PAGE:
“Please describe yourself in a few words”.

It’s the job interview of your life and you need to come up with something fast. Mental pictures of words are mixing in your head and your tongue tastes like alphabet soup. You mutter words like “deterministic” or “innovativity” and you realize you’re drenched in sweat. You wish you had thought about this. You wish you had read this post before.

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    Image Credit: Career Employer

    Here are 20 sentences that you could use when you are asked to describe yourself. Choose the ones that describe you the best.

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    “I am someone who…”:

    1. “can adapt to any situation. I thrive in a fluctuating environment and I transform unexpected obstacles into stepping stones for achievements.”
    2. “consistently innovates to create value. I find opportunities where other people see none: I turn ideas into projects, and projects into serial success.”
    3. “has a very creative mind. I always have a unique perspective when approaching an issue due to my broad range of interests and hobbies. Creativity is the source of differentiation and therefore, at the root of competitive advantage.”
    4. “always has an eye on my target. I endeavour to deliver high-quality work on time, every time. Hiring me is the only real guarantee for results.”
    5. “knows this job inside and out. With many years of relevant experience, there is no question whether I will be efficient on the job. I can bring the best practices to the company.”
    6. “has a high level of motivation to work here. I have studied the entire company history and observed its business strategies. Since I am also a long-time customer, I took the opportunity to write this report with some suggestions for how to improve your services.”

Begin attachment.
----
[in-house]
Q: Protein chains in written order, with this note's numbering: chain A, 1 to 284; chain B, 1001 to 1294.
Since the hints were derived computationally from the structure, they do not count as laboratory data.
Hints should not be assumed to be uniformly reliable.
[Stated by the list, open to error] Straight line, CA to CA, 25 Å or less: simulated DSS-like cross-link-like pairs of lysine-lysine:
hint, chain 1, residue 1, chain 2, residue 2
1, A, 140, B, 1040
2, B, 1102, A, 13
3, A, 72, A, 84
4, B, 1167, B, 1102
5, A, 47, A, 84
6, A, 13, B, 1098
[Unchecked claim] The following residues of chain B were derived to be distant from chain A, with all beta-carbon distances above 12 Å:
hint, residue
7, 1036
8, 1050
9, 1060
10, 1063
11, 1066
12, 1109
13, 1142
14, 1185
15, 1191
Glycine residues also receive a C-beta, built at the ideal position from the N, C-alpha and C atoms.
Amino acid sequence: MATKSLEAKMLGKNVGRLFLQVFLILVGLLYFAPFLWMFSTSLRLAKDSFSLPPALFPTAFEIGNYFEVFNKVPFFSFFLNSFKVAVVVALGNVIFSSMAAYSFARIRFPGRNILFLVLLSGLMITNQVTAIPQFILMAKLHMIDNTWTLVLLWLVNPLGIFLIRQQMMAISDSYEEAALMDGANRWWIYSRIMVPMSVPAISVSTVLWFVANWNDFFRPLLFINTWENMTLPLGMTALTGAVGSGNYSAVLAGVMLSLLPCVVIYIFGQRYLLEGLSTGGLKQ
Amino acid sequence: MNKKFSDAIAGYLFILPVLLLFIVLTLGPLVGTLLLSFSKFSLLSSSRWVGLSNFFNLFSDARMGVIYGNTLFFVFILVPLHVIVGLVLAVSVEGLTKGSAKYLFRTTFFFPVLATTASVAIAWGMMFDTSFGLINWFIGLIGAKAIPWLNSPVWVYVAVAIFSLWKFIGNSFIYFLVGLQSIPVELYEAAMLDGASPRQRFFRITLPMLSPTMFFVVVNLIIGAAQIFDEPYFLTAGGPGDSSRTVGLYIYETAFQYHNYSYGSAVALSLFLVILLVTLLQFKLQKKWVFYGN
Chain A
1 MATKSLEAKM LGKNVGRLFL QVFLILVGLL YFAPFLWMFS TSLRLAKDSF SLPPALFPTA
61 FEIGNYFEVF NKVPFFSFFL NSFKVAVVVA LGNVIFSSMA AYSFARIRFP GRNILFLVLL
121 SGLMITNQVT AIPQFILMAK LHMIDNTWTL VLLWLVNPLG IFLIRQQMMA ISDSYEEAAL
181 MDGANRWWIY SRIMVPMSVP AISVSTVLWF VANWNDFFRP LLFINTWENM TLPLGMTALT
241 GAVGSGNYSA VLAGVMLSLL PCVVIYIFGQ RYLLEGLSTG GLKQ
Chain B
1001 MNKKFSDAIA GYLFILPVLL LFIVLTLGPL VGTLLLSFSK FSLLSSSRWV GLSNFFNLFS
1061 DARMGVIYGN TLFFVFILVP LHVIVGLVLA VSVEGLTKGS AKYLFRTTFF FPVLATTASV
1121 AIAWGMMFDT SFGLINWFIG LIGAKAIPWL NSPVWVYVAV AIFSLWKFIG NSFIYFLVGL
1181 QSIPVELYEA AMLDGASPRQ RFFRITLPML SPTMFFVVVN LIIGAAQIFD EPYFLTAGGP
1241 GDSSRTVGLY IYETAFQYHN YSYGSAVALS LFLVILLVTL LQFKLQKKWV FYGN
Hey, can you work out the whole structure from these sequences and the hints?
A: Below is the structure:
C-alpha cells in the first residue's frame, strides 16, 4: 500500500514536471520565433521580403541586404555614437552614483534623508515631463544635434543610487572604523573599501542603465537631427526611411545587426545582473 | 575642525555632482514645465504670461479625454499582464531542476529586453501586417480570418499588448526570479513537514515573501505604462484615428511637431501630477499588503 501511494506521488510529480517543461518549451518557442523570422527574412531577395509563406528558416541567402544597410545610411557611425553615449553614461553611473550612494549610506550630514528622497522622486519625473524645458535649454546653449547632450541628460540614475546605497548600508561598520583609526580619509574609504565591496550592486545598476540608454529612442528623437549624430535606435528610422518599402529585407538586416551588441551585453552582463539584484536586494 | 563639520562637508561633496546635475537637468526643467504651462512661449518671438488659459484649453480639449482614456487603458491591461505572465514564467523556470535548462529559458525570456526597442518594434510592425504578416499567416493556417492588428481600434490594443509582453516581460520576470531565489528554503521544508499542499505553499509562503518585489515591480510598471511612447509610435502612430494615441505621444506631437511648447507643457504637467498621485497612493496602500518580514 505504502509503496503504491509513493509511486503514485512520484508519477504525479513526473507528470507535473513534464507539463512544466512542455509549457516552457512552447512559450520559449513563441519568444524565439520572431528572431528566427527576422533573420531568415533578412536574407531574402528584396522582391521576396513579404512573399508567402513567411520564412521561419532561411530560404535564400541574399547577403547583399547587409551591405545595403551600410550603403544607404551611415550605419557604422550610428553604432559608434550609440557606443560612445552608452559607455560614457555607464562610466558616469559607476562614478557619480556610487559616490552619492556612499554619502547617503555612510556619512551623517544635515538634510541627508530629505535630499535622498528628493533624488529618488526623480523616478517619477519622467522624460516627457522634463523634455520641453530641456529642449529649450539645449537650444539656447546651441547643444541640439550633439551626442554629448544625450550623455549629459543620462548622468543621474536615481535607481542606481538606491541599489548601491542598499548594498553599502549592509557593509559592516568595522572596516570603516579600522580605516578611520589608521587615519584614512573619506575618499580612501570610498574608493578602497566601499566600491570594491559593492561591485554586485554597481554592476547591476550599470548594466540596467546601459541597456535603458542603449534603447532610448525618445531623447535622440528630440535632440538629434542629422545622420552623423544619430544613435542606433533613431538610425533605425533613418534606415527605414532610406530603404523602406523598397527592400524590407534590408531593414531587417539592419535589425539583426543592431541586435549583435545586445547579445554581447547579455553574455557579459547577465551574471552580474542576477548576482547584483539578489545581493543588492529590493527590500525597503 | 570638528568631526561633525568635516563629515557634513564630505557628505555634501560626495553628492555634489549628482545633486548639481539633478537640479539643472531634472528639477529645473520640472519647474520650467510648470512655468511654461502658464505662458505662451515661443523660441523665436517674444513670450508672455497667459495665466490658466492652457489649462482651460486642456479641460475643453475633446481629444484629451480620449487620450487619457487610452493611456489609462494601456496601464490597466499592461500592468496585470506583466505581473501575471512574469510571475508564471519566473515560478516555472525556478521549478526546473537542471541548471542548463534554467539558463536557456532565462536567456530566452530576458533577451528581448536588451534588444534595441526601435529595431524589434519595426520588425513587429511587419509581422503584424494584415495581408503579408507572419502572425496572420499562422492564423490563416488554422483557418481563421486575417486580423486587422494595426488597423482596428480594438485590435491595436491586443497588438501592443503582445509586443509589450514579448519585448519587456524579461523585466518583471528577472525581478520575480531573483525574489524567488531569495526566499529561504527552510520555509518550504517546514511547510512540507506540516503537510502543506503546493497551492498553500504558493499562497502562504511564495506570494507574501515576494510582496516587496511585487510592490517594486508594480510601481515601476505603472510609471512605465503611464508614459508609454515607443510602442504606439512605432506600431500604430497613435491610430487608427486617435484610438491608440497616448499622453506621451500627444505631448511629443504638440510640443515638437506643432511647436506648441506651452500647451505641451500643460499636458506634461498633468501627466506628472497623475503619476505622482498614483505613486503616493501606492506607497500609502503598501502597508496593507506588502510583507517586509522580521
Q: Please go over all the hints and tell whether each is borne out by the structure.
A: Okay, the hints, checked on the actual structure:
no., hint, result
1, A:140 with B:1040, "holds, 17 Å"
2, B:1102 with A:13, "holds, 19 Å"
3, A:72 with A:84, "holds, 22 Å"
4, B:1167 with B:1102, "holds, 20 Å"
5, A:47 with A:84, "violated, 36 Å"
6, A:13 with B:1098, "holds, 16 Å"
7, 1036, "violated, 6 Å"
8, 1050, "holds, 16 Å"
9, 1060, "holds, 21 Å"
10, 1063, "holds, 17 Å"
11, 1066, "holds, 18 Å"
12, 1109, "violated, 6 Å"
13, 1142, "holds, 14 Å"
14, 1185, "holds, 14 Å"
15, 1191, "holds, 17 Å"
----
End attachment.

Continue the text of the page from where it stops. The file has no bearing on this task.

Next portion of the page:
7. “has a pragmatic approach to things. I don’t waste time talking about theory or the latest buzz words of the bullshit bingo. Only one question matters to me: ‘Does it work or not?'”
    8. “takes work ethics very seriously. I do what I am paid for, and I do it well.”
    9. “can make decisions rapidly if needed. Everybody can make good decisions with sufficient time and information. The reality of our domain is different. Even with time pressure and high stakes, we need to move forward by taking charge and being decisive. I can do that.”
    10. “is considered to be ‘fun.’ I believe that we are way more productive when we are working with people with which we enjoy spending time. When the situation gets tough with a customer, a touch of humour can save the day.”
    11. “works as a real team-player. I bring the best out of the people I work with and I always do what I think is best for the company.”
    12. “is completely autonomous. I won’t need to be micromanaged. I won’t need to be trained. I understand high-level targets and I know how to achieve them.”
    13. “leads people. I can unite people around a vision and motivate a team to excellence. I expect no more from the others than what I expect from myself.”
    14. “understands the complexity of advanced project management. It’s not just pushing triangles on a GANTT chart; it’s about getting everyone to sit down together and to agree on the way forward. And that’s a lot more complicated than it sounds.”
    15. “is the absolute expert in the field. Ask anybody in the industry. My name is on their lips because I wrote THE book on the subject.”
    16. “communicates extensively. Good, bad or ugly, I believe that open communication is the most important factor to reach an efficient organization.”
    17. “works enthusiastically. I have enough motivation for myself and my department. I love what I do, and it’s contagious.”
    18. “has an eye for details because details matter the most. How many companies have failed because of just one tiny detail? Hire me and you’ll be sure I’ll find that detail.”
    19. “can see the big picture. Beginners waste time solving minor issues. I understand the purpose of our company, tackle the real subjects and the top management will eventually notice it.”
    20. “is not like anyone you know. I am the candidate you would not expect. You can hire a corporate clone, or you can hire someone who will bring something different to the company. That’s me. “

    Featured photo credit: Tim Gouw via unsplash.com